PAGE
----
The past week has seen Russia secure its biggest victory since the invasion began in February, with Kyiv announcing it had ordered its garrison in a steelworks in Mariupol to stand down, after a nearly three month siege of the city.

The ultimate outcome of the bloodiest battle in Europe for decades has remained publicly unresolved, with no confirmation of the fate of hundreds of Ukrainian defenders. Moscow said on Thursday that 1,730 Ukrainian fighters had surrendered so far, including 771 in the past 24 hours.

Ukraine, which says it aims to secure a prisoner swap, has declined to say how many were inside the plant or comment on the fate of the rest since confirming that just over 250 had surrendered in the initial hours after it ordered them to yield.

The Switzerland-based International Committee of the Red Cross said it has registered hundreds of prisoners from the plant now held by Russia, but it has not given a precise number.

The leader of Russian-backed separatists in control of the area said nearly half of the fighters remained inside the steelworks, where underground bunkers and tunnels had protected them from weeks of Russian bombardment.

“More than half have already left – more than half have laid down their arms,” Denis Pushilin told the Solovyov Live internet television channel. “Let them surrender, let them live, let them honestly face the charges for all their crimes.”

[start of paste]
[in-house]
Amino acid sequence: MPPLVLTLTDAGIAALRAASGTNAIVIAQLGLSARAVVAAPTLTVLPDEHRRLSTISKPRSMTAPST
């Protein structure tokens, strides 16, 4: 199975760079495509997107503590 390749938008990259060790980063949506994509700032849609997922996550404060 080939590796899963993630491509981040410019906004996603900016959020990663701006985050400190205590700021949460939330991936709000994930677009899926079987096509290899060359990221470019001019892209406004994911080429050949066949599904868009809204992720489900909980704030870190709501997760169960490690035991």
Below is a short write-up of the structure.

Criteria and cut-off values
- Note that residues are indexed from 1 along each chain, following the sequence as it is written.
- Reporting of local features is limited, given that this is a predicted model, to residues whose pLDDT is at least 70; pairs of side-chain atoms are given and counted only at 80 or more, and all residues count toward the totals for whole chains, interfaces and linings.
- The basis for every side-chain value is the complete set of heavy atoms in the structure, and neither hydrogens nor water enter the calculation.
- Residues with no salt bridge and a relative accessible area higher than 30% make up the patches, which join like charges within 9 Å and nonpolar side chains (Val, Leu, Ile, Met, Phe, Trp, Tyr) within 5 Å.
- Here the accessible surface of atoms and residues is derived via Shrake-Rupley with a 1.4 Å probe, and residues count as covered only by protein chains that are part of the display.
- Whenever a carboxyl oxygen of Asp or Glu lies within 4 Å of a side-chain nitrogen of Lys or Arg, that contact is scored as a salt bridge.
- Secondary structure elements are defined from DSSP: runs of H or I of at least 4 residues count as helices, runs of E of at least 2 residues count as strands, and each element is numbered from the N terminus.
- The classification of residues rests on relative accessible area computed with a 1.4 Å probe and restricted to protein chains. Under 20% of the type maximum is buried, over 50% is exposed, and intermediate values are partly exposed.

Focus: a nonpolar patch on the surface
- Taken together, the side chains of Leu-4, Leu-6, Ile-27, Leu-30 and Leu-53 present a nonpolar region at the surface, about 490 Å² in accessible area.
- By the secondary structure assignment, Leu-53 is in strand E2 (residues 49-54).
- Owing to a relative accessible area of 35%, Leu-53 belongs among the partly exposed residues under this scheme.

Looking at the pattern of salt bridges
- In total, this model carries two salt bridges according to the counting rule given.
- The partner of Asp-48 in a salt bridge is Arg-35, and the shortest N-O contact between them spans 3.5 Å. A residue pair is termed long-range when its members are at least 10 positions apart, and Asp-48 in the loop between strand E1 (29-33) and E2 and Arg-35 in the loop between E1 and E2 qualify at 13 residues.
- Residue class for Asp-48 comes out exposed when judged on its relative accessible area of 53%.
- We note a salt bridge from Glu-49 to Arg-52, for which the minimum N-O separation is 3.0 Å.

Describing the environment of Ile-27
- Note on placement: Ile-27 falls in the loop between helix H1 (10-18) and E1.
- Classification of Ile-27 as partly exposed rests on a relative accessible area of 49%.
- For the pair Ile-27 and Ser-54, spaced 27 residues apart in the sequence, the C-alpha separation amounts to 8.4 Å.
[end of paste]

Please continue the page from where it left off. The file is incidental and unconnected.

The wounded had been given medical treatment while those who were fit had been taken to a penal colony and were being treated well, he said. Ukrainian officials say they cannot comment publicly on the fate of the fighters while negotiations are under way to rescue them.

Russia denies that it agreed to a prisoner swap. Many of the Azovstal defenders belong to a Ukrainian unit with far-right origins, the Azov Regiment, which Moscow calls Nazis and says must be prosecuted for crimes.


The success in Mariupol comes as Russian forces have been losing ground elsewhere: driven from northern Ukraine and the area around the capital at the end of March, and pushed this month from the outskirts of the second-largest city Kharkiv.